Colvill students learn Spanish in enrichment programPre-school is usually when children tackle things like learning ABCs, shapes, numbers and colors.
By: Sarah Gorvin, The Republican Eagle
Pre-school is usually when children tackle things like learning ABCs, shapes, numbers and colors.
And for a group of 12 students at Colvill Family Center, there’s no exception to that rule. But in addition to learning all those things in English, they’re adding the Spanish equivalents to their vocabularies.
“We just are kind of starting out with basics: colors, shapes, numbers, animals,” said early childhood teacher Karin Meyer.
The students are part of the center’s Spanish enrichment program, which began Sept. 11.
Colvill Family Center Director Jill Kenyon came up with the idea for the class about a year ago. She said she had been watching some of the center’s Spanish-speaking students learn English and was amazed at how quickly they picked up the second language.
“All research says the younger you can (learn a language), the better,” Kenyon said last spring.
“Kids absorb things so much easier when they’re younger,” Meyer echoed.
The enrichment class isn’t designed to replace normal pre-school courses. Many of the students in the class are enrolled in other pre-school programs that will help them learn the things they need to know before starting kindergarten.
It’s not a full immersion class either; Meyer and educational assistant Juana Pastor often speak in English to the students.
“It’s just more of like an extended exposure to give them some of the basics,” Meyer said.
The class meets for two hours every Tuesday and Thursday through Nov. 1. So far, the class has learned colors, shapes, numbers and days of the week, as well as a few common phrases.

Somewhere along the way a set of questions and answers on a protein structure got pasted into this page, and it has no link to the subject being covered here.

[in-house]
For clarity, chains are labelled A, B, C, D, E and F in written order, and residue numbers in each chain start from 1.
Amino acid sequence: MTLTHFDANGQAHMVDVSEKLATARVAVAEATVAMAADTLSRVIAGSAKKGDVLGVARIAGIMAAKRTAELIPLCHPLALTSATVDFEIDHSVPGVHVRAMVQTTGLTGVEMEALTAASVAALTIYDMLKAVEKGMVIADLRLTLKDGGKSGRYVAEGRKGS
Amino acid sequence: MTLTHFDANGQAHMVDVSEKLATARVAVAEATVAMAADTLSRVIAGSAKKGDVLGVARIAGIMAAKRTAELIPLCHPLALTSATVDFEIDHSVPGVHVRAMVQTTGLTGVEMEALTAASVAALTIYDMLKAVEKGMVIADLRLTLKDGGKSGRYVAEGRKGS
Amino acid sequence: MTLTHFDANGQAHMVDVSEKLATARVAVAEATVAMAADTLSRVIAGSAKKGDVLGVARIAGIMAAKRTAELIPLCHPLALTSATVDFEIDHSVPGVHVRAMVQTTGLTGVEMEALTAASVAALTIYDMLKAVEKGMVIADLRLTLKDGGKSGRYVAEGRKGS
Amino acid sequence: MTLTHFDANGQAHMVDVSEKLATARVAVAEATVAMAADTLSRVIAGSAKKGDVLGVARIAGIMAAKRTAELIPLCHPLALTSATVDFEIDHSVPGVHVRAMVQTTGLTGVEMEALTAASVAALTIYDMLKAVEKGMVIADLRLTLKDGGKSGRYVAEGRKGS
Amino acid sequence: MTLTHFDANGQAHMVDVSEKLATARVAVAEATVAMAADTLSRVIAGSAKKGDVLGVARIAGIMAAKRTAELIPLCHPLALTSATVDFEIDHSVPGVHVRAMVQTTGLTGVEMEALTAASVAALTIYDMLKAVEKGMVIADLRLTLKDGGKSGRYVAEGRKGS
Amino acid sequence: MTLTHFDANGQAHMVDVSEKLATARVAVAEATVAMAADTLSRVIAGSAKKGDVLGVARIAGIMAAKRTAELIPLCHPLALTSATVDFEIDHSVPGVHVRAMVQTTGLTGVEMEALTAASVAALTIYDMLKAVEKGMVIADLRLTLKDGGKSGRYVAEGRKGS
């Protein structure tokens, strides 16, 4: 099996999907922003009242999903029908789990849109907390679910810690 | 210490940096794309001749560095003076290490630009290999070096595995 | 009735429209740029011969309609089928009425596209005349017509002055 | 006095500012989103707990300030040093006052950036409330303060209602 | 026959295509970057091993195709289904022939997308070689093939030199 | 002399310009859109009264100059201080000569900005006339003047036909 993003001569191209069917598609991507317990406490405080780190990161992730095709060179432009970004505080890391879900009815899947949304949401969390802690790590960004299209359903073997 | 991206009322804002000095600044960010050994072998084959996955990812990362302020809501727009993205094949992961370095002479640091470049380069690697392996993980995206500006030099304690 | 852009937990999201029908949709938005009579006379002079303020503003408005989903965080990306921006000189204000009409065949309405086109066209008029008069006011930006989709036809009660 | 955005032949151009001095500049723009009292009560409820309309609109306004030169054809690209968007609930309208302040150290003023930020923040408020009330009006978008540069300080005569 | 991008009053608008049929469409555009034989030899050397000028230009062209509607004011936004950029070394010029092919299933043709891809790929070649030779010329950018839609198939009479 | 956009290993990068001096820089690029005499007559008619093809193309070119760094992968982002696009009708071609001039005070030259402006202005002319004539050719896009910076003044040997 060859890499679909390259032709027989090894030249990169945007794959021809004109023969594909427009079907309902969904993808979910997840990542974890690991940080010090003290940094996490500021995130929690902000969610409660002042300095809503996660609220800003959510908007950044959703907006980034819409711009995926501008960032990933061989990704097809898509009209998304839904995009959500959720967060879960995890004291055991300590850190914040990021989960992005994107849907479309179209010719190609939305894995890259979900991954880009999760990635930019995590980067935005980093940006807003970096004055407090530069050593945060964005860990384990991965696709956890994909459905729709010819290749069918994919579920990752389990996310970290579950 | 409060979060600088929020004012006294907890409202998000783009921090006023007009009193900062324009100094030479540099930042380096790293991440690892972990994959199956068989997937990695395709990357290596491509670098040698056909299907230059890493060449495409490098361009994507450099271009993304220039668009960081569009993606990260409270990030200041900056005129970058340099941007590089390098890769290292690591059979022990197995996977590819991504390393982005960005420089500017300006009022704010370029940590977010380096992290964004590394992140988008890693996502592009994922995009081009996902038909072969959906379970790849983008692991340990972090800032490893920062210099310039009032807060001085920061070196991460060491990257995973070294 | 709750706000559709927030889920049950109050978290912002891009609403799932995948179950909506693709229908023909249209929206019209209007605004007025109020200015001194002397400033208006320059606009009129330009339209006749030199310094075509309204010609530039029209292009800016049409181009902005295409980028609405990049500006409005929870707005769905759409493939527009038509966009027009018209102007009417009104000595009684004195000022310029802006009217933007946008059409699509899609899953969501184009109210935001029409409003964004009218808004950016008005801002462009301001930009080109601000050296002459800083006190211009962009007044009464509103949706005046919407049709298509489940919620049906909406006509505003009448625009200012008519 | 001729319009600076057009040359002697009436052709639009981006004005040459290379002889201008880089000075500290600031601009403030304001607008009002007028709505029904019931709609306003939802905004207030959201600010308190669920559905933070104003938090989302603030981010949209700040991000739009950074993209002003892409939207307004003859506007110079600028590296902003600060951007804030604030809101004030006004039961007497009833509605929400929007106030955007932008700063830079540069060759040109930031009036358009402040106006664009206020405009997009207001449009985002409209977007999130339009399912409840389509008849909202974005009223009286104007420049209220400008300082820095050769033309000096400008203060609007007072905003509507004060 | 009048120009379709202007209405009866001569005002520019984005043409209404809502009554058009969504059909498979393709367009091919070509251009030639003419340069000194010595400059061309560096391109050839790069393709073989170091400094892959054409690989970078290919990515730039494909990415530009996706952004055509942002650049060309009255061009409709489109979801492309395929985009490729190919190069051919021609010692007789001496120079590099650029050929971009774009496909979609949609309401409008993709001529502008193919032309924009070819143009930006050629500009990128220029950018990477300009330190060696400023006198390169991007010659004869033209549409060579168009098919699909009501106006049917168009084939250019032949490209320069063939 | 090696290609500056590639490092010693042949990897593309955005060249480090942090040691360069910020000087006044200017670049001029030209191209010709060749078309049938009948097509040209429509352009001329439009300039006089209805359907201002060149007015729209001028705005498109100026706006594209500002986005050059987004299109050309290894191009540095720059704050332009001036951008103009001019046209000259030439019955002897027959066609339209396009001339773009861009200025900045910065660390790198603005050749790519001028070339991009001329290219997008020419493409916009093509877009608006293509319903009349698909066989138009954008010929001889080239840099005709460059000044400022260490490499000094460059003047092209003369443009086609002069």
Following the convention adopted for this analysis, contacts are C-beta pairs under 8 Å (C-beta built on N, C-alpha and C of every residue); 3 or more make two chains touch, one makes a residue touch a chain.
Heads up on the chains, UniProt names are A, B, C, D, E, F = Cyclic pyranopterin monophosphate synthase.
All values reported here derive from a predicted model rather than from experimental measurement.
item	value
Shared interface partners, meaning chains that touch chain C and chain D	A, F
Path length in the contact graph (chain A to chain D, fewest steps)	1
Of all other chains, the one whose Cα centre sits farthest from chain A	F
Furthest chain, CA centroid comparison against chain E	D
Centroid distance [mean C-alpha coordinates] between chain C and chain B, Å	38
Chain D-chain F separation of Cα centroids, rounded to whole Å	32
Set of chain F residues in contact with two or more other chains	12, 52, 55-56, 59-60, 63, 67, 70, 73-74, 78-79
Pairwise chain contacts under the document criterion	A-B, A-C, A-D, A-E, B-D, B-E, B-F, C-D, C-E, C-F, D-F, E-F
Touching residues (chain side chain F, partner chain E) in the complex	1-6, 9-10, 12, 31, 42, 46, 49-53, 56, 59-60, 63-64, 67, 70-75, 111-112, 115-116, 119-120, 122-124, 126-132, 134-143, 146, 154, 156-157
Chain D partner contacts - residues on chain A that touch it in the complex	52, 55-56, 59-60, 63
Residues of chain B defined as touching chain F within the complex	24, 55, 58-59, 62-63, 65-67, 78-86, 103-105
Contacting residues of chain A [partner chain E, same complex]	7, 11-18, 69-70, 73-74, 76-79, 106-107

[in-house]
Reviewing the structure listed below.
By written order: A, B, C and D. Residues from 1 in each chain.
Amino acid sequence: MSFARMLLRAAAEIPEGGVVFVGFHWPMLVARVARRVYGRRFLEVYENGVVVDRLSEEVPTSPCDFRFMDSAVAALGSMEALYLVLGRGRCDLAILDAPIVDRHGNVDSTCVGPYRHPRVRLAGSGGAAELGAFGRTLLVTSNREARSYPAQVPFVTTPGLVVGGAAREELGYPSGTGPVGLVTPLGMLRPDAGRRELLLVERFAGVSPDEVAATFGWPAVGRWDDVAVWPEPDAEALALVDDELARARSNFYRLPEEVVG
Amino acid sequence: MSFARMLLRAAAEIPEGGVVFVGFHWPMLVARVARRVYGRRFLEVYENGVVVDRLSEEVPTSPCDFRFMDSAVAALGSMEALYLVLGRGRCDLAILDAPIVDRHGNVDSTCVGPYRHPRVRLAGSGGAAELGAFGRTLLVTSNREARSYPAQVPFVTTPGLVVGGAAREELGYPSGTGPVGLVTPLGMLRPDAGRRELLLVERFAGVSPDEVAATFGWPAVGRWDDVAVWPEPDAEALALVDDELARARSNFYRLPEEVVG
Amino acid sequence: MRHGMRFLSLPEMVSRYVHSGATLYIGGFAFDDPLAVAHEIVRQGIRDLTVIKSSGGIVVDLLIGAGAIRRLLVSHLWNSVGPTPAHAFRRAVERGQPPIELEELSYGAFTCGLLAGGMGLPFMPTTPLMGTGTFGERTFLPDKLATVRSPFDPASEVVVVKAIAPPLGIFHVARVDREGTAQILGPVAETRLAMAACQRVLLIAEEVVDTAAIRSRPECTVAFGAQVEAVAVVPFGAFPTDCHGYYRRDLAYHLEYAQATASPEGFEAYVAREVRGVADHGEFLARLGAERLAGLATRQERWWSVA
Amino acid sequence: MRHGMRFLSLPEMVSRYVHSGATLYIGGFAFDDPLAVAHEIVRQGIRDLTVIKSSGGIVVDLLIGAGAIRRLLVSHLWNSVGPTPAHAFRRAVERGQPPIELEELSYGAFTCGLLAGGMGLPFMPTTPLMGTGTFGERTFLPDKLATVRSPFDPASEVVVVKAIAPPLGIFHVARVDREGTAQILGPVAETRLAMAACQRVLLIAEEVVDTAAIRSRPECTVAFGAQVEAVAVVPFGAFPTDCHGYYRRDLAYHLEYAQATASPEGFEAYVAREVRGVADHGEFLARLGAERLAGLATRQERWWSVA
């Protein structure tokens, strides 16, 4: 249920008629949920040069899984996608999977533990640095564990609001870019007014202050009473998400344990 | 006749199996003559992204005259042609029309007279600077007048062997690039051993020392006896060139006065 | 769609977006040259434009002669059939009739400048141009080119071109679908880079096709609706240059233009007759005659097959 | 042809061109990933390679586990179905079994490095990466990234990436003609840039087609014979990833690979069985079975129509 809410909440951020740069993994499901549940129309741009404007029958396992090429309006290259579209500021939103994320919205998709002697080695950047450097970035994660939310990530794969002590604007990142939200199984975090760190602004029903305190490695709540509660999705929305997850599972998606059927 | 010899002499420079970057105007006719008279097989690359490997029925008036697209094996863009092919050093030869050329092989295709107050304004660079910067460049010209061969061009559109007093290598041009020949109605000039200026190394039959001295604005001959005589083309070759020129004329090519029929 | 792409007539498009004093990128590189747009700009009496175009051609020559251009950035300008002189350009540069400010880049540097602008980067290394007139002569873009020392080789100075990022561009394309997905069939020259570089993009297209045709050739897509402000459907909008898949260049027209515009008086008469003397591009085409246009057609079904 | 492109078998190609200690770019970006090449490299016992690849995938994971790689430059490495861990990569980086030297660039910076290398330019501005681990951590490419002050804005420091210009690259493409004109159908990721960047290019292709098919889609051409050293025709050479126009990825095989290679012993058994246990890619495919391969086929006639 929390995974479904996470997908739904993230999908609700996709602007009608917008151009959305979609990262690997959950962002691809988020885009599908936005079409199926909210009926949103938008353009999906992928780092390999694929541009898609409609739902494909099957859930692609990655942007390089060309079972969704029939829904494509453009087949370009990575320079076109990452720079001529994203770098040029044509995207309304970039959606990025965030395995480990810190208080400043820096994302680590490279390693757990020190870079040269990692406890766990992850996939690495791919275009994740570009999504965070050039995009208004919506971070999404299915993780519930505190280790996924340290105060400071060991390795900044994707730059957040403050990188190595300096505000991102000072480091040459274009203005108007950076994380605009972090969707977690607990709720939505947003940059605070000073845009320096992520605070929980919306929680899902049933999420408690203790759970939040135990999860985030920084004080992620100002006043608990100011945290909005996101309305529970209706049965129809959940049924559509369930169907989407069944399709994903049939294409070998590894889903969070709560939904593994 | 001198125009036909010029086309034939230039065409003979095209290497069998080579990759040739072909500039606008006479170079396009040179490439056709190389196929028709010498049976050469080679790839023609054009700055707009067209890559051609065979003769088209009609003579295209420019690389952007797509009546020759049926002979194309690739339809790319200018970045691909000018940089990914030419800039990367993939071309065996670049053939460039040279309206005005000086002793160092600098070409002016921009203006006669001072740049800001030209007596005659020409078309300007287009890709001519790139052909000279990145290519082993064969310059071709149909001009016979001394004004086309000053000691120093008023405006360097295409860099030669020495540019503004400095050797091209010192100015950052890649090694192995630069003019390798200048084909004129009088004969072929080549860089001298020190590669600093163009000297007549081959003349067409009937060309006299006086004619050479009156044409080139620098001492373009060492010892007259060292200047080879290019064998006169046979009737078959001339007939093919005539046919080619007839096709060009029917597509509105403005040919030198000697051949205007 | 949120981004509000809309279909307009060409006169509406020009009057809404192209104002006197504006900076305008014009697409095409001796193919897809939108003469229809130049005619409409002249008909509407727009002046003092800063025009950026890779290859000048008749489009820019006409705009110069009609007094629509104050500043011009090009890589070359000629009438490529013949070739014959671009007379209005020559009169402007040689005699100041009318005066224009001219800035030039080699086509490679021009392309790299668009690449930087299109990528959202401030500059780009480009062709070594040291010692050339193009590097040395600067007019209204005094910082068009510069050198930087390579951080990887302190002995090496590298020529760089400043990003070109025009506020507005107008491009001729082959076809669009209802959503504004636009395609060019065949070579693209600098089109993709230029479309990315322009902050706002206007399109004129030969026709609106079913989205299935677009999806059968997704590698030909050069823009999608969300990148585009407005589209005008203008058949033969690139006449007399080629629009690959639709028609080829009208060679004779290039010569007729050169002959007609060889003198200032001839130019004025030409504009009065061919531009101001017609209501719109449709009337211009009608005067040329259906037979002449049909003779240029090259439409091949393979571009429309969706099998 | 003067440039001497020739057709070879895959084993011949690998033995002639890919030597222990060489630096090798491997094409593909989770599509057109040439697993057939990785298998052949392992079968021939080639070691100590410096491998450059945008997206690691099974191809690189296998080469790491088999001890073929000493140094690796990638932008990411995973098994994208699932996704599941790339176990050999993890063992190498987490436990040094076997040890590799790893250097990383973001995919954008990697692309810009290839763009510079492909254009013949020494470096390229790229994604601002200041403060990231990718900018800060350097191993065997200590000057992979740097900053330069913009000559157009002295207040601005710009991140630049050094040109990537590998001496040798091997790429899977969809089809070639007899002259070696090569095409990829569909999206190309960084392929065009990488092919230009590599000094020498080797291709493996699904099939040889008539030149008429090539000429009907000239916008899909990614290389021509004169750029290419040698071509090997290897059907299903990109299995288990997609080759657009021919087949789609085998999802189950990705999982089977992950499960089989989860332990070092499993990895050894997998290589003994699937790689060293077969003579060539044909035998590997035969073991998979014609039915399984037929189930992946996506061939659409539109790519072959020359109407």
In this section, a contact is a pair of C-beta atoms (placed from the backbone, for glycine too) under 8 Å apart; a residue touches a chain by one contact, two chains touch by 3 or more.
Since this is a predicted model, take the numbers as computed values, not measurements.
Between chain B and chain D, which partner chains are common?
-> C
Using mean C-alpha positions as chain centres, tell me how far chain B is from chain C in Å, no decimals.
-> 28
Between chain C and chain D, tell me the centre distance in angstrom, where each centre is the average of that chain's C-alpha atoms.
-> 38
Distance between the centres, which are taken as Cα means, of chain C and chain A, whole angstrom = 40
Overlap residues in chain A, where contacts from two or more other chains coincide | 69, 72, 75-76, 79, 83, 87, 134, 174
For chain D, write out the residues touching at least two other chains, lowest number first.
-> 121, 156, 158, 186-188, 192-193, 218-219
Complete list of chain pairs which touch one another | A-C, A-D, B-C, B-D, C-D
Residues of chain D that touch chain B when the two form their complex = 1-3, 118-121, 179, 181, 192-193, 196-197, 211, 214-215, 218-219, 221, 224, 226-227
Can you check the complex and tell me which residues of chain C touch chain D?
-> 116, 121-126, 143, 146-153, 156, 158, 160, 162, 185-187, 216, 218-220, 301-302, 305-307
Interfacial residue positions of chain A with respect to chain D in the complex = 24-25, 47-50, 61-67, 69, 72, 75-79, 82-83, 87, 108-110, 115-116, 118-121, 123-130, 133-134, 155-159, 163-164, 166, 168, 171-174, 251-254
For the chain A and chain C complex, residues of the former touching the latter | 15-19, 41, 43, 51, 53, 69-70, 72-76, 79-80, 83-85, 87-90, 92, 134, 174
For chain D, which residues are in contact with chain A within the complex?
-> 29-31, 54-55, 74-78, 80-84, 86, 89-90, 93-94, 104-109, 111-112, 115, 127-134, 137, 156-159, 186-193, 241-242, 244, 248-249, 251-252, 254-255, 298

Last Thursday morning, the students were working on counting in Spanish. They used a red inkpad and their fingers to add apples to a green tree they had colored. Then, with Meyer or Pastor, counted the number of apples they put on their tree.
“They pick up on it quickly. Some of them a little more quickly than others,” Meyer said.
They also created a counting game that they can take home to practice counting with their parents. The idea is to “reinforce what we are working on in class,” Meyer said.
For Jed and Kelly Olson, whose 5-year-old son Oliver is in the class, the chance to expose their child to another culture was something they couldn’t pass up.
“We’re looking for more diverse opportunities here in Red Wing,” Jed Olson said, adding that many larger cities have language immersion schools. “When we heard about this program, we were really excited to have (Oliver) in this program.”
Because Oliver was to start kindergarten this fall, Jed and Kelly decided to homeschool him this year so that he could attend the Spanish enrichment course.
“We are happy with how it’s going. We had high expectations for it. It is meeting those,” Jed Olson said.
“He’s naming colors in Spanish instead of English now. He’s very proud that he can identify something using his Spanish.”